brief tetanic stimulation of presynaptic afferents [183-191], that persists for days or weeks in vivo [66, 192-195]. Since its discovery, LTP has been subjected to particularly intense scrutiny (more than 7000 papers deal with this form of synaptic plasticity), which reveals how mechanisms involved are multiple, closely interconnected and subjected to a large range of modulations [196-206]. This review will consider only mechanisms that are critical for the expression of LTP.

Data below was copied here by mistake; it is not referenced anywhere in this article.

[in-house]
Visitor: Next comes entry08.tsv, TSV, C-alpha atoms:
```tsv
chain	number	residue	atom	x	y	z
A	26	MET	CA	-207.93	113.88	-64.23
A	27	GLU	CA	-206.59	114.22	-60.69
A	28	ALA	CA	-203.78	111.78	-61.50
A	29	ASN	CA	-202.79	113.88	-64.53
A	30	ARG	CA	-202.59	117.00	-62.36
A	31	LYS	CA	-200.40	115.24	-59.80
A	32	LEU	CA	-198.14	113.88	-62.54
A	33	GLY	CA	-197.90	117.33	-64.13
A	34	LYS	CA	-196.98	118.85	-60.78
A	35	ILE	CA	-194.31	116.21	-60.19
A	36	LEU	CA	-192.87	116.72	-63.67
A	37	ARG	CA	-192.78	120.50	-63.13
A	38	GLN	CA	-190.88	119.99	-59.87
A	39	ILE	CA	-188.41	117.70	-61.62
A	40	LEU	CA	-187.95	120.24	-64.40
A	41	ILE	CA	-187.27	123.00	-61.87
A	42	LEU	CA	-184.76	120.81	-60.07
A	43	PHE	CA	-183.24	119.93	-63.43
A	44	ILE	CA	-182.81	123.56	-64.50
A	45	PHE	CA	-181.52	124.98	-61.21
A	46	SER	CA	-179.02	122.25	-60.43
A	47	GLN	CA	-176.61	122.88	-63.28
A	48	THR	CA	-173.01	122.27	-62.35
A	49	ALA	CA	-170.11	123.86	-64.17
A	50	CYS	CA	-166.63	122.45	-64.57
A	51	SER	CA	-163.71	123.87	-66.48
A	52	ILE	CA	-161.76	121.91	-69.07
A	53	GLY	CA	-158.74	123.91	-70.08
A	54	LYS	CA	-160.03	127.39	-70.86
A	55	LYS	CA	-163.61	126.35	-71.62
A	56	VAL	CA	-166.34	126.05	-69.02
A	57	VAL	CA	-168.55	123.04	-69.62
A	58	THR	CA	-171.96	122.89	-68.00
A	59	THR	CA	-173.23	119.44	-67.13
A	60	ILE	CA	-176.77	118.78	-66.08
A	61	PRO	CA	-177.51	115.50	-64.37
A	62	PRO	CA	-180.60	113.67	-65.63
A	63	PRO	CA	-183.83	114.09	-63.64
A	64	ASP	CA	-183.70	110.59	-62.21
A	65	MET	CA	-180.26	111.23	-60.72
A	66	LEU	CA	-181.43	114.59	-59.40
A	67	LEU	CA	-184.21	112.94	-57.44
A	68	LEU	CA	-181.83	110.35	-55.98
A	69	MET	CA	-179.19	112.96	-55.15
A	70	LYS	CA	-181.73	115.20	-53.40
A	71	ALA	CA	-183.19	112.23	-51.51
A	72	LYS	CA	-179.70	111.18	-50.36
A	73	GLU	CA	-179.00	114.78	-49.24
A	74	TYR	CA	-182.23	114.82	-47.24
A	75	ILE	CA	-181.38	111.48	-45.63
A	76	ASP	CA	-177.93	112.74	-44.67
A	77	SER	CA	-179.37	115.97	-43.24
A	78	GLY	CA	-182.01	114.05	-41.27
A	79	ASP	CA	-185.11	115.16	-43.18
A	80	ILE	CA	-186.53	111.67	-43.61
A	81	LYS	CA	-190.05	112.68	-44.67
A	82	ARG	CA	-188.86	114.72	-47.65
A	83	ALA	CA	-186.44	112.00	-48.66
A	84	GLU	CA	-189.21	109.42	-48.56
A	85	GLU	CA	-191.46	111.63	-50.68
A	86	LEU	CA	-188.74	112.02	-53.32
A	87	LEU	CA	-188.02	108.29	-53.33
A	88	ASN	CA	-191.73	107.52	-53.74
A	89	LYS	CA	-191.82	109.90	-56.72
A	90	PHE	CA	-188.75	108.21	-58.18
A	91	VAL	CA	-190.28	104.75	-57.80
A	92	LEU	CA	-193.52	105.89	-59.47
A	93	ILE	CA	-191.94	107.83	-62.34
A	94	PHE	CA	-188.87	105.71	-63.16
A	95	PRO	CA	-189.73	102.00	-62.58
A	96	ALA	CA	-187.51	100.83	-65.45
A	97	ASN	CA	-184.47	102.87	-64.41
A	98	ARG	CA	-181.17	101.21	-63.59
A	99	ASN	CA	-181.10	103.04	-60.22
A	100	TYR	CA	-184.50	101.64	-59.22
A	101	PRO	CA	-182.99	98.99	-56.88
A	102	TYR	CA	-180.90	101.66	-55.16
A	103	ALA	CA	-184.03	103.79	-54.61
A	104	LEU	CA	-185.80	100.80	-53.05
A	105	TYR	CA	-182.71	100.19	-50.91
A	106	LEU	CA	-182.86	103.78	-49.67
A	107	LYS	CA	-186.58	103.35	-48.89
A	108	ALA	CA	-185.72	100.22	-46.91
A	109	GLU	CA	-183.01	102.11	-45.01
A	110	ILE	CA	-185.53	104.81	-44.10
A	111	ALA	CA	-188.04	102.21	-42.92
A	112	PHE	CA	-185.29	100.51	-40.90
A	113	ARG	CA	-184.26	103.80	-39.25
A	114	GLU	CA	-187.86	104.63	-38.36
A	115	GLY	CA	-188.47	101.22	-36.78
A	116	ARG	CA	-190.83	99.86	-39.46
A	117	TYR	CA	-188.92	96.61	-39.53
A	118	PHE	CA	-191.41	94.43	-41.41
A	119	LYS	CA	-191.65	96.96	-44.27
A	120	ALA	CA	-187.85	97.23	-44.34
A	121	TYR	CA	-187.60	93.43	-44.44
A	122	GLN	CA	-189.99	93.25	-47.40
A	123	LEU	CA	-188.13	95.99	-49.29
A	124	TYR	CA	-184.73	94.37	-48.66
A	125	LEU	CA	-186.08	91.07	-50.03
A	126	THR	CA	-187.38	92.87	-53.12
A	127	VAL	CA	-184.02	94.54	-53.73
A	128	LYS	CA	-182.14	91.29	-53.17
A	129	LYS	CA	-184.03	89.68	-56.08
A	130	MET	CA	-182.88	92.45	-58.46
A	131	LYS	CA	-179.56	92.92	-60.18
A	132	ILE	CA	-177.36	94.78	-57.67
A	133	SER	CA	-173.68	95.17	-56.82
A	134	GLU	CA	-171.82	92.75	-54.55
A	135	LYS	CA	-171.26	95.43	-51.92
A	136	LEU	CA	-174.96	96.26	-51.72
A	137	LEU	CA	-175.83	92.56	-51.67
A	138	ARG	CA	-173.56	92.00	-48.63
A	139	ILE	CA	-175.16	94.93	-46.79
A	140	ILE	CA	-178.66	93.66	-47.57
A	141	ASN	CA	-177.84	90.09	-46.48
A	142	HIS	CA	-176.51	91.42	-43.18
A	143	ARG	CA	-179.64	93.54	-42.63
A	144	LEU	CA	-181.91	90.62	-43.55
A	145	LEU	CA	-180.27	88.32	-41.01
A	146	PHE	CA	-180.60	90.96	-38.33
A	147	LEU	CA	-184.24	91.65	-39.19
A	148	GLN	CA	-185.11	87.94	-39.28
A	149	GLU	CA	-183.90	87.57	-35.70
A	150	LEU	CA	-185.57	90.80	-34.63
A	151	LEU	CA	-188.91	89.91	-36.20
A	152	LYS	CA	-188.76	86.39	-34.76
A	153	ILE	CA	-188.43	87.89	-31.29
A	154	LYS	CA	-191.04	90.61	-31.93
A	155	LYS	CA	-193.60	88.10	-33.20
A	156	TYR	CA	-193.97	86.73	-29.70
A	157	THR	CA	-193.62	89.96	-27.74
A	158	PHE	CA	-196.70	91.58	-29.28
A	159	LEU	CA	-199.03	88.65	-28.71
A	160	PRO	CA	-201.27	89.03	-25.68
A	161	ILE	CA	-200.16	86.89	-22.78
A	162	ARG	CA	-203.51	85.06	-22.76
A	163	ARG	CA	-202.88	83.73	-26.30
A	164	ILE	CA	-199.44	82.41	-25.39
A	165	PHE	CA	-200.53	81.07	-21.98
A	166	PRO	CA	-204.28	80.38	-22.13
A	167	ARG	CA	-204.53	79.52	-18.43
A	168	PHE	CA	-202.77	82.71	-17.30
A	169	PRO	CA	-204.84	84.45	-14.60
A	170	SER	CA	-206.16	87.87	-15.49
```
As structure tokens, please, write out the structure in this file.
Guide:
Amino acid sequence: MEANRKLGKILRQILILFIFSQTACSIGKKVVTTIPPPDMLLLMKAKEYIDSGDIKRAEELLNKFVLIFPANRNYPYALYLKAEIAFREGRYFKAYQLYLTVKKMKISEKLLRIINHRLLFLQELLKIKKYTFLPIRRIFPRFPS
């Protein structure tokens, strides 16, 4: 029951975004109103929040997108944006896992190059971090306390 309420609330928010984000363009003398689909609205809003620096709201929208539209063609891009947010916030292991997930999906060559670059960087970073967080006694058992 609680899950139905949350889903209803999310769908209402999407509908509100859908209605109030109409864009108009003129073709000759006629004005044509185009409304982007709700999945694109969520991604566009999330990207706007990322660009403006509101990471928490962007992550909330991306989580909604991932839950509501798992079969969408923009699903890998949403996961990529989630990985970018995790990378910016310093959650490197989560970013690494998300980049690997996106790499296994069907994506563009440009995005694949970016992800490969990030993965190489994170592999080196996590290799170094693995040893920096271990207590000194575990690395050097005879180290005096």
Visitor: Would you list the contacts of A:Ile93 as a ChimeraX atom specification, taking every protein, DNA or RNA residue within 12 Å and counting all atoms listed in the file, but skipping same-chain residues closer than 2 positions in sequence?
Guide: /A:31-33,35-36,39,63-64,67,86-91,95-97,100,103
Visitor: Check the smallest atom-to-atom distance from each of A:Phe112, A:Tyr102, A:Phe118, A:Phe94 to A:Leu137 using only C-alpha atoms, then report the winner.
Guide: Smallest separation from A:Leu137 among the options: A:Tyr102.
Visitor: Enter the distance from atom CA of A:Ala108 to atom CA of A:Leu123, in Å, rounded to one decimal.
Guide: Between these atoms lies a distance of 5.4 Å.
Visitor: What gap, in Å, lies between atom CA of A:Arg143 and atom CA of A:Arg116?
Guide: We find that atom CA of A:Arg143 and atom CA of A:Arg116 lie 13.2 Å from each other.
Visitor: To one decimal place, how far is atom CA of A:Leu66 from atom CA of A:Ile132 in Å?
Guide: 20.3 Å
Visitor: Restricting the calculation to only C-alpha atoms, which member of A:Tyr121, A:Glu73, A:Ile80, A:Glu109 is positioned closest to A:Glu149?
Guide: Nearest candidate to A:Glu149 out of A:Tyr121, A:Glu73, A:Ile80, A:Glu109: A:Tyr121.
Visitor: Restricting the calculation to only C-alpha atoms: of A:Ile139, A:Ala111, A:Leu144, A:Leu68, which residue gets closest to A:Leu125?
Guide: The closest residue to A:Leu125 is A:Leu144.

Glutamatergic NMDA receptors play a pivotal role in an early phase of LTP lasting 1 to 3 hours [186, 198, 203, 207-211], but other effectors such as voltagegated calcium channels [212-219] or mGlu receptors [79, 220-225] may be involved, depending on the strength of the tetanic stimulation or on the hippocampal region where LTP is induced. At a longer lasting stage, LTP requires protein synthesis, which is promoted by activation of cyclic adenosine monophosphate (cAMP)-dependent protein kinase (PKA) [226-229]. The tetanic-induced neuronal depolarization relieves NMDA receptors from their voltagedependent magnesium block and also activates calcium channels, both mechanisms allowing a massive calcium entry into postsynaptic neurons [230-235]. Besides, mGlu receptor activation mediates calcium release from intracellular stores [236-239]. All these activated pathways therefore increase intracellular concentration of calcium that stimulates protein kinases (PKs) such as calcium/calmodulindependent protein kinase II (CaMKII) and PKC [240244]. As a consequence, the phosphorylation of AMPA receptors present at neuronal membranes and the incorporation of new receptors in the postsynaptic apparatus are promoted, thus increasing the strength of synaptic transmission. How LTP behaves during hippocampal ageing has been intensively investigated, mostly at CA3-CA1 synapses. Opposite conclusions were reached, at least concerning the first PKA-independent phase of LTP (for reviews see [46, 47, 245]). Whereas a first set of reports indicated that LTP is impaired by age in correlation with memory deficits, a second series did not found any significant changes. This apparent controversy is explained by differences in technical protocols used to induce LTP. In the case of â&#x20AC;&#x153;weakâ&#x20AC;? conditioning stimulation, selectively activating NMDA receptors, LTP is impaired in aged animals due to the decreased density of receptors [246-249] or their weaker activation induced by D-serine deficit [144, 146, 147]. Using a stronger conditioning stimulation recruits, in addition to NMDA receptors, voltage-gated calcium channels [212, 213, 218, 219]. Because these channels are up-regulated in hippocampal tissues during ageing [93-95], they contribute much more to LTP than in adulthood [147, 250, 251]. This higher involvement of calcium channels is able to counteract the age-related impairment of NMDA receptor activation, thus preventing the deficit in LTP. A role for mGlu receptors in changes of LTP during ageing remains a question largely neglected until now. Only one study shows that mGlu selective LTP, induced in hippocampal slices after blockade of